President 20: James A Garfield March 4, 1881 – September 19, 1881
We are channeling our inner survivor man this week. Food is all around us and in case of a zombie apocalypse, it is worth knowing the nuts and berries we can eat to tied us over when our twinkie reserves are gone. Those days when we need protein? No problem. We always have squirrels. Yes, squirrels. In fact, eating these little neighborhood critters is as old as America itself. During colonial times, Westward expansion, and depressions, folks ate what they could get a hold of and there were forests full of them. President Garfield, who had access to every protein under the sun, claimed squirrel soup was his favorite delicacy.
Outside of squirrel, Garfield’s tastes were simple: he loved milk and bread. He overcame dysentery during the Civil War but the tummy troubles never truly left him. Without the luxury of Pepto, the President had to monitor his diet with no cheat days. He drank glass upon glass of milk. A cow was even sent from Baltimore and tied up in the White House lawn to supply the fresh stuff to him as he lay dying from gunshot wounds in the White House. As far as his food hates: oatmeal came in as number one. When the President heard Indian leader Sitting Bull was on hunger strike in jail he said, ‘Let him starve.’ Then he thought for a moment and said, ‘Oh no, send him my oatmeal.” His wife, Lucretia or “Crete” as she was nicknamed, was adamant he ate it and was dedicated to providing the family “an abundance of wholesome, nutritous food with good coffee and tea” in her home.
The Garfields were from Ohio and he is the only President to be elected as a sitting member of the House of Representatives. In September of his first year in office, President Garfield stepped out on to the platform at the Baltimore and Potomac Railway Station in Washington for some fresh air and was shot twice, leaving him in critical condition and ultimately, dead. The shooter was Charles Guiteau, a disturbed man whose had tried and failed at every career in the book. Guiteau had turned his focus to politics, writing rambling speeches that he was convinced helped Garfield win the close election. He traveled to Washington in search of the political appointment he felt he deserved (he’d settle for Paris he told the President) and when turned away, he stalked then shot Garfield. The President, wounded, lay in the White House until he was taken to the Jersey Shore to be with Crete. Doctors are sure the President would have made a full recovery in modern times.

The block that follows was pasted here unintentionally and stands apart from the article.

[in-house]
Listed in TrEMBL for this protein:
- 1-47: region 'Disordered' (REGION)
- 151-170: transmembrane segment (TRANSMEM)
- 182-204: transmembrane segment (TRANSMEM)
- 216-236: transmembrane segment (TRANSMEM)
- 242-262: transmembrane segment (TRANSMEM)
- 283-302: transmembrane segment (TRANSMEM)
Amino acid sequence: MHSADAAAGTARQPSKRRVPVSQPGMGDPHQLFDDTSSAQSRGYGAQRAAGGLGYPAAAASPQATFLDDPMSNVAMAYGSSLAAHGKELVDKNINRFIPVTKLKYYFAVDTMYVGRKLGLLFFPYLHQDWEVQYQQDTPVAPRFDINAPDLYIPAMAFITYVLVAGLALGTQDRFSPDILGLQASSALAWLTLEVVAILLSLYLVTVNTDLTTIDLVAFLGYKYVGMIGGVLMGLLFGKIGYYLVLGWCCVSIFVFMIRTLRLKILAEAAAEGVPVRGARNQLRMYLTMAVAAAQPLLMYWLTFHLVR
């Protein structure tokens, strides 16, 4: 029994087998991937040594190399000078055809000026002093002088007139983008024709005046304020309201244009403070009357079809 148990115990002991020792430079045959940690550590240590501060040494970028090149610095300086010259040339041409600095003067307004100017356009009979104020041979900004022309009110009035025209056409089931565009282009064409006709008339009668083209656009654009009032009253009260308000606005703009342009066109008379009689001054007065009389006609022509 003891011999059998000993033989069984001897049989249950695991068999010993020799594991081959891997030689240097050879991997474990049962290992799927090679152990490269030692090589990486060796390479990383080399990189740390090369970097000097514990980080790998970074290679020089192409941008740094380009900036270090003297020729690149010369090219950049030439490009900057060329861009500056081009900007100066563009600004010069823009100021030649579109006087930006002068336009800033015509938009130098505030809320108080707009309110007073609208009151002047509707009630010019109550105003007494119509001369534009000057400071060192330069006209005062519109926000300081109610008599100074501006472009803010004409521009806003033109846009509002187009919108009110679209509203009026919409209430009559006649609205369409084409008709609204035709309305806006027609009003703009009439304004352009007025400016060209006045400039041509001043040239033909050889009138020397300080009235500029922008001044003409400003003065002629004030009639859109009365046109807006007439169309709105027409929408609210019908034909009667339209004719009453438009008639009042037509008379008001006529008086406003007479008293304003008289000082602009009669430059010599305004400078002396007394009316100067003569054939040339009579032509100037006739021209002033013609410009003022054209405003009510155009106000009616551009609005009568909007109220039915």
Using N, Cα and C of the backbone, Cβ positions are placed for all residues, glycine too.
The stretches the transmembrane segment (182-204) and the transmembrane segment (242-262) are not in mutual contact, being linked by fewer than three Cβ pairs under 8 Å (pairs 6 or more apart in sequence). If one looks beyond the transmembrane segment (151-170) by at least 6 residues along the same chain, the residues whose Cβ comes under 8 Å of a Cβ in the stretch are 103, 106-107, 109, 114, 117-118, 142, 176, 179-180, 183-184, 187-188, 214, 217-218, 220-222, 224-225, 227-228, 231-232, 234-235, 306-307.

SQUIRREL SOUP. From the Original White House cookbook 1887
Now when it came to sourcing the meat for this week, I had to resort to chasing after rogue squirrels on Capitol Hill. The tourists make it look so easy, taking pictures with them with their selfie sticks but don’t be fooled, they are lightning speed. To be fair this was a desperate insincere attempt after calling almost every butcher in DC left me empty handed. Some thought I was prank calling from a radio show, and when I convinced them my intention was genuine, let out horrified gasps. So I researched and begrudgingly substituted the squirrel for a rabbit. Much more easily accessible, it has a more gamey quality but is quite similar in texture. I did find some sites that will ship you a squirrel at 100 bucks each but for those unwilling to shell out the big bucks and too slow to catch one, this is a gorgeous alternative.
Wash and quarter three or four good sized squirrels; put them on, with a small tablespoonful of salt, directly after breakfast, in a gallon of cold water. Cover the pot close, and set it on the back part of the stove to simmer gently, not boil. Add vegetables just the same as you do in case of other meat soups in the summer season, but especially good will you find corn, Irish potatoes, tomatoes and Lima beans. Strain the soup through a coarse colander when the meat has boiled to shreds, so as to get rid of the squirrels' troublesome little bones. Then return to the pot, and after boiling a while longer, thicken with a piece of butter rubbed in flour. Celery and parsley leaves chopped up are also considered an improvement by many. Toast two slices of bread, cut them into dice one-half inch square, fry them in butter, put them into the bottom of your tureen, and then pour the soup boiling hot upon them. Very good.
The substitution of the rabbit (x1) doesn’t change much in terms of cooking as it is also a very lean meat. It also needs to be cooked low and slow. Cook 8 hours on low in a crockpot for best results. Add the veg half way through. Strain and remove bones as instructed above.
Add whatever seasonal vegetables you would like. I added swiss chard for a bit more substance.